Tax and Pensions: FTC Planning with a SIPP S
elf Invested Personal Pensions could be the answer if you have excess Foreign Tax Credits. The experts from Tax Advisory Partnership (TAP) and Tanager Wealth Management (TWM) give you an overview of the US taxation and investment opportunities when investing via a SIPP. As many US citizens in the UK know, the US/UK tax treaty allows you to claim a foreign tax credit for the UK taxes you have paid against the US taxes that are due on your income. While this avoids double taxation, it often leaves US taxpayers resident overseas with excess foreign tax credits. Foreign tax credit excesses occur because usually the UK tax paid is more that the US tax due on the income in any year. These excess foreign tax credits carry forward for 10 years at which point they expire if they were not used in the intervening period. The dilemma for a US taxpayer is how to utilize these credits without taking extreme steps such as moving to a lower taxed country! In this article we have focussed on one of the key tools for utilizing these credits, Self Invested Personal Pensions (SIPPs).
20 August 2015
Who can invest in a SIPP and how much can I contribute?
(TAP) In order to contribute to a SIPP you need to be UK resident and under the age of 75. While this does mean you could open accounts for a number of members of your family, you should carefully consider each person’s UK and US taxation before investing. In theory you can contribute up to 100% of your earnings, however, HMRC set a maximum annual allowance for contributions which is currently £40,000. There is also a maximum lifetime allowance of £1.25million which should also be considered. You should note that both the annual and lifetime allowances have been revised downwards in the March and July UK budgets and new limits will apply to certain taxpayers from April 2016. You may also be able to utilize unused allowance from previous years in order to maximise your initial contribution. You should discuss with your tax advisor before any contributions are made. (TWM) Pension advice is highly regulated in the UK, especially when it comes to consolidating multiple occupational pensions (which is a typical reason for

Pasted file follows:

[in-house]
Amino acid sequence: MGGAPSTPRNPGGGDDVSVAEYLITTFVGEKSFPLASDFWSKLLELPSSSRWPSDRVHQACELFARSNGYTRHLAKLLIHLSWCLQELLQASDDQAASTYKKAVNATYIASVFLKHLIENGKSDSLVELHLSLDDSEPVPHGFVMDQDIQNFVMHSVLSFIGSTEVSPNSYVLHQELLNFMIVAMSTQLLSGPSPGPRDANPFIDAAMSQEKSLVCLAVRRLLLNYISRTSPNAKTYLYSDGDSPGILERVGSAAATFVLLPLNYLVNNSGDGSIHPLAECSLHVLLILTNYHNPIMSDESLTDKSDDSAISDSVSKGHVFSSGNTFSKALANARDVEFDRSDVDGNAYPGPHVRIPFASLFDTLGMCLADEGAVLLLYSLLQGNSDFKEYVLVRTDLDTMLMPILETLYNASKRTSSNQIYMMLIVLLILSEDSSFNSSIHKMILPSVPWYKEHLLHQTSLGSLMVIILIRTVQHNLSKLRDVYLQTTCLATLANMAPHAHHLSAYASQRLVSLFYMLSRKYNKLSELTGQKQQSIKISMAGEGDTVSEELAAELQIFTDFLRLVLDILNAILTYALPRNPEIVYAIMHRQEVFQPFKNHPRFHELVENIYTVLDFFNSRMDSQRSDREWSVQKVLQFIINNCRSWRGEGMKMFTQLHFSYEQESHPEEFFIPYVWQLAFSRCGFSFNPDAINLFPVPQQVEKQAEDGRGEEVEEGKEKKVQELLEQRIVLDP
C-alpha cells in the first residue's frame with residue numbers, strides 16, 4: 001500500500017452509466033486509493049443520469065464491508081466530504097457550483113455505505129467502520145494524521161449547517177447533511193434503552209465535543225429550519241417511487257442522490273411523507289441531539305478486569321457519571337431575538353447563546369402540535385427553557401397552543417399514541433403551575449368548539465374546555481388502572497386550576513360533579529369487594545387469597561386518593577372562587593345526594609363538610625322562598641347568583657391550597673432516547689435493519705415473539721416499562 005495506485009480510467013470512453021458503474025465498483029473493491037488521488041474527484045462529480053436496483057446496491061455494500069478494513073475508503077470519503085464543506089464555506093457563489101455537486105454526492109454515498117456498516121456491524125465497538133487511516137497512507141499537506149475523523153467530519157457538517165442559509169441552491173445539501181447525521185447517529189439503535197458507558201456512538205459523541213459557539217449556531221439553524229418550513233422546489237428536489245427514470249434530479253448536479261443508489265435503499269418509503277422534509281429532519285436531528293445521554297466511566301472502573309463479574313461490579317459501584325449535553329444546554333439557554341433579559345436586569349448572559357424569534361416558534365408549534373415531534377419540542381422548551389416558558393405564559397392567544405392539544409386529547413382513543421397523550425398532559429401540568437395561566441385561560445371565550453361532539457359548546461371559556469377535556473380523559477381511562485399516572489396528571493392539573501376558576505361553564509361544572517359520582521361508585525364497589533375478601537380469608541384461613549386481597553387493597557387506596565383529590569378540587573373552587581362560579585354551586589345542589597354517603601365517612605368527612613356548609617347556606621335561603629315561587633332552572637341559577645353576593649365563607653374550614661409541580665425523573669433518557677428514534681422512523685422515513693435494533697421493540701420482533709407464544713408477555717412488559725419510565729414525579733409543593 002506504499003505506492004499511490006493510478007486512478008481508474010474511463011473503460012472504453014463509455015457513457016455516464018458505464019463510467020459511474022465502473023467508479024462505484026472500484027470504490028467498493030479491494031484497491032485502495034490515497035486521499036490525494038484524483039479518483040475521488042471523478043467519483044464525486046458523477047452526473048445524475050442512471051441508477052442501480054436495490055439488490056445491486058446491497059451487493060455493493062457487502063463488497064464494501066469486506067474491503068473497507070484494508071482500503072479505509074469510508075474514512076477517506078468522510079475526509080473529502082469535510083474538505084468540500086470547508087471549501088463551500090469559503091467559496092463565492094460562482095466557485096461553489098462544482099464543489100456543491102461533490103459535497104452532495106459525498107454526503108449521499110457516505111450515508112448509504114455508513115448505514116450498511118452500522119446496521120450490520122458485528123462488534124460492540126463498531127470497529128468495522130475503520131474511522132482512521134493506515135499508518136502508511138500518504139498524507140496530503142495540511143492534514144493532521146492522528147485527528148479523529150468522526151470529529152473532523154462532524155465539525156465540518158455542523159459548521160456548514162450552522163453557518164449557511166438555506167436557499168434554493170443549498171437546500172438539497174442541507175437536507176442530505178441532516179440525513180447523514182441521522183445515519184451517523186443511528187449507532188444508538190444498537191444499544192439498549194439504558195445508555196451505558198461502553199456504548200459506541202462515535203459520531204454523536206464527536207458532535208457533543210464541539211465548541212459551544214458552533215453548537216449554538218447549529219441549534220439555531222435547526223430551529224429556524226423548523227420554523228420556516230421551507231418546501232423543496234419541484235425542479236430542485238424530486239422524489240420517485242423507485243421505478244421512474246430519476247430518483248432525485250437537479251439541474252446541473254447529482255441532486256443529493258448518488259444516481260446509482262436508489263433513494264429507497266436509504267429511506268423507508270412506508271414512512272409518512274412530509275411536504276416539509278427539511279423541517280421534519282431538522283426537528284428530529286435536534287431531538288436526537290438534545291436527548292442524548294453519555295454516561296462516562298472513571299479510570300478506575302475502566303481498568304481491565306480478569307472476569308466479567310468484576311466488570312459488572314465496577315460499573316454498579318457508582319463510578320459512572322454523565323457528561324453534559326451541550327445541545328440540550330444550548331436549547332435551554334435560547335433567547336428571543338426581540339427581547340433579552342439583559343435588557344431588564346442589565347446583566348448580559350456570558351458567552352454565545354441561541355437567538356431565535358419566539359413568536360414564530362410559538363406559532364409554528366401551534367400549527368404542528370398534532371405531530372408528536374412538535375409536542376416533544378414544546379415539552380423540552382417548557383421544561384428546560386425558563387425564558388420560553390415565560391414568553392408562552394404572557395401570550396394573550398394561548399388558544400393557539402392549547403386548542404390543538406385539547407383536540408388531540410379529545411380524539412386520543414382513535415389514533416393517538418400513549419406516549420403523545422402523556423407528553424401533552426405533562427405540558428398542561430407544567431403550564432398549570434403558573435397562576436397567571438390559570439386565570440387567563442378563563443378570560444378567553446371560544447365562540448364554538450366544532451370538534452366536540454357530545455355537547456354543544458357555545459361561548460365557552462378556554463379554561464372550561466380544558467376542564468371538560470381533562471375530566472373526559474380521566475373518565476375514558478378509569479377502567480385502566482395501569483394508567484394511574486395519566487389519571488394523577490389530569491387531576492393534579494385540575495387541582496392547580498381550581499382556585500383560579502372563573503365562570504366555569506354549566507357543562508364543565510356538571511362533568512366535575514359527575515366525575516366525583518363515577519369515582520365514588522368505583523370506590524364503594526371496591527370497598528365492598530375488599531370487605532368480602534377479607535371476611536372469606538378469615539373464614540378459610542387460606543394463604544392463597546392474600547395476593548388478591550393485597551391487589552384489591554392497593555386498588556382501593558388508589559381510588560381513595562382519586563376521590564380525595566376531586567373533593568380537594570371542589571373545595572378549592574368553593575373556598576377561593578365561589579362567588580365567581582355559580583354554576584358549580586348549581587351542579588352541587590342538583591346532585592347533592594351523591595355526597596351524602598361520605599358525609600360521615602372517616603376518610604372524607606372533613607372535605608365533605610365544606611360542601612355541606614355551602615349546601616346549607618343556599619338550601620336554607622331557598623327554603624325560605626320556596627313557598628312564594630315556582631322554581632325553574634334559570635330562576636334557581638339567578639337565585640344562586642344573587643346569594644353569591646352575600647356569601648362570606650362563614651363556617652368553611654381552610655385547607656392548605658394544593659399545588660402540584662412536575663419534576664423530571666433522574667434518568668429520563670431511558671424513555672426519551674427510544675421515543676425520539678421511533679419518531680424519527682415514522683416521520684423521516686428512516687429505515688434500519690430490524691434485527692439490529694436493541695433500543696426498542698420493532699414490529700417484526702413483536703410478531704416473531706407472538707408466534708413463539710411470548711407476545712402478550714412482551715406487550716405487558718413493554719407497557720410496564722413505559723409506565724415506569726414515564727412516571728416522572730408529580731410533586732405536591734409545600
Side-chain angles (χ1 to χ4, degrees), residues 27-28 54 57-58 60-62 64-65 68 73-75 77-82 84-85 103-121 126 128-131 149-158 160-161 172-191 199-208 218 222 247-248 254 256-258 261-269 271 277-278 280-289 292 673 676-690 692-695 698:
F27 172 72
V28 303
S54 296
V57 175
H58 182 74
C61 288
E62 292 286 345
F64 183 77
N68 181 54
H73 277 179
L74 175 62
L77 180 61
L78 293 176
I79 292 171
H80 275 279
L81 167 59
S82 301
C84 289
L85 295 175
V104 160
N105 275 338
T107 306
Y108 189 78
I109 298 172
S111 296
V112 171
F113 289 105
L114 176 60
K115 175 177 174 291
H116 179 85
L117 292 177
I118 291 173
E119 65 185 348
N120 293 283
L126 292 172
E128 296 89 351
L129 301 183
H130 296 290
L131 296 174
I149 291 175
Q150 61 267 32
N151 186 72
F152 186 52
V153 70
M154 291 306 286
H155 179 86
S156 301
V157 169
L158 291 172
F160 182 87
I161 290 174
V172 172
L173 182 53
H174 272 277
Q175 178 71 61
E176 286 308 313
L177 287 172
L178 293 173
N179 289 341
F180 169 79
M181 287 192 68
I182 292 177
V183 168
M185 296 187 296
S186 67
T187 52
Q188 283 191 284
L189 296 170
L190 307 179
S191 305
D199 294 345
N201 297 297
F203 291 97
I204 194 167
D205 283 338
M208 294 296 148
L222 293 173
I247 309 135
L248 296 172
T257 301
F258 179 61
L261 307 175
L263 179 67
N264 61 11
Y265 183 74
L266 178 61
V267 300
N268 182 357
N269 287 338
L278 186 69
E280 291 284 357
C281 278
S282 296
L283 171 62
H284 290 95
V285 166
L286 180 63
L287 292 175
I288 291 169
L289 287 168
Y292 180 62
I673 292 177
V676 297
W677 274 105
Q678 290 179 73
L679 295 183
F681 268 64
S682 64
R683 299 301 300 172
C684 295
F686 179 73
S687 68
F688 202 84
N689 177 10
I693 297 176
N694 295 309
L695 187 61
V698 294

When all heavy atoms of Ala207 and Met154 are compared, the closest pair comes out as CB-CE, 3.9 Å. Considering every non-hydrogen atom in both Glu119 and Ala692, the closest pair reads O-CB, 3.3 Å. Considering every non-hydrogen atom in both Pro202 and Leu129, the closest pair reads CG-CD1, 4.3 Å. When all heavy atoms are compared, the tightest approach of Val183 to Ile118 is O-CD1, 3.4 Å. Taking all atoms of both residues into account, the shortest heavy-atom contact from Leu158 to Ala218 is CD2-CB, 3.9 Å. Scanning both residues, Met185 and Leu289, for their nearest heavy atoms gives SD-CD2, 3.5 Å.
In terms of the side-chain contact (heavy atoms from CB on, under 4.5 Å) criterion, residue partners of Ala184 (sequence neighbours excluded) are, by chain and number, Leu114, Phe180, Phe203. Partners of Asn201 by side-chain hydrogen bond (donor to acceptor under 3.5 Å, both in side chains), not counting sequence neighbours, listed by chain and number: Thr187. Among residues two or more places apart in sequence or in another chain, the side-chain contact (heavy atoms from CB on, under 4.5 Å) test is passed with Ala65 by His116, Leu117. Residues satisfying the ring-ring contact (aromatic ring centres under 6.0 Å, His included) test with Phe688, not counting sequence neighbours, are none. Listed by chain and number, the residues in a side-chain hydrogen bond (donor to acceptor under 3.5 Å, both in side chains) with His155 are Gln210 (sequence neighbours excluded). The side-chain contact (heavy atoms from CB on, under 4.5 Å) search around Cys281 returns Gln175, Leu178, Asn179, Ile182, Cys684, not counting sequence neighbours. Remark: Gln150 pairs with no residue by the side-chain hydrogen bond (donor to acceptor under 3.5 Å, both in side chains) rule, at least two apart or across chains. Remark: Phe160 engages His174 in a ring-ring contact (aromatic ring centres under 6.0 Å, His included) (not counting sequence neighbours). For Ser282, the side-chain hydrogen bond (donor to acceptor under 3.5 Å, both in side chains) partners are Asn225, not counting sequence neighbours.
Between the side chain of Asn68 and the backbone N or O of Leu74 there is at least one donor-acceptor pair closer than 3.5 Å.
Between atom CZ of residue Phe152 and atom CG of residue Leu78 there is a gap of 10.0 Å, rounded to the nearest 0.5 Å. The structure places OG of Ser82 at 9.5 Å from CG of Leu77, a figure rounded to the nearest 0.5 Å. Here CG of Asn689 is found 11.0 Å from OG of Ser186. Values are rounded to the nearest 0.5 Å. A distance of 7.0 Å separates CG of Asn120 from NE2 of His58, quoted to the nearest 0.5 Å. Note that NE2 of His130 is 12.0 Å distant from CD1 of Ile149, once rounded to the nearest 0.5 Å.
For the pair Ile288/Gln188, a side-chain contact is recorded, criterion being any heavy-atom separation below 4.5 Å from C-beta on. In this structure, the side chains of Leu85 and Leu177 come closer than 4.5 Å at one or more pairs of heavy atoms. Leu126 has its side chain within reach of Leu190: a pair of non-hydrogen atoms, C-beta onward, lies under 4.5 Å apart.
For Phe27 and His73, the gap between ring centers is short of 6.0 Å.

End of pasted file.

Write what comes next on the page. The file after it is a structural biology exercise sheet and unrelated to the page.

establishing a SIPP) and American expats should ensure they receive appropriately regulated advice before opening a SIPP. In the UK you can make Carry Forward contributions to a pension if you are already a member of a UK pension. From tax year 2011/12 onwards, unused annual personal allowances from the three previous tax years can sometimes be carried forward to the current tax year. This can allow pension contributions/ accrual in excess of the standard annual allowance to be made in a tax year without incurring an annual allowance tax charge. There are strict rules governing how carry forward works: • Unused annual allowance can be carried forward to the current tax year from the previous three tax years. • It’s only possible to do this once the current year’s annual allowance has been fully used up (ie. a person’s total annual contribution(s) from all sources to registered pension schemes with Pension Input Periods (PIPs) ending in the current tax year must be due to total at least £40,000 gross before carry forward can be used). • Unused annual allowance is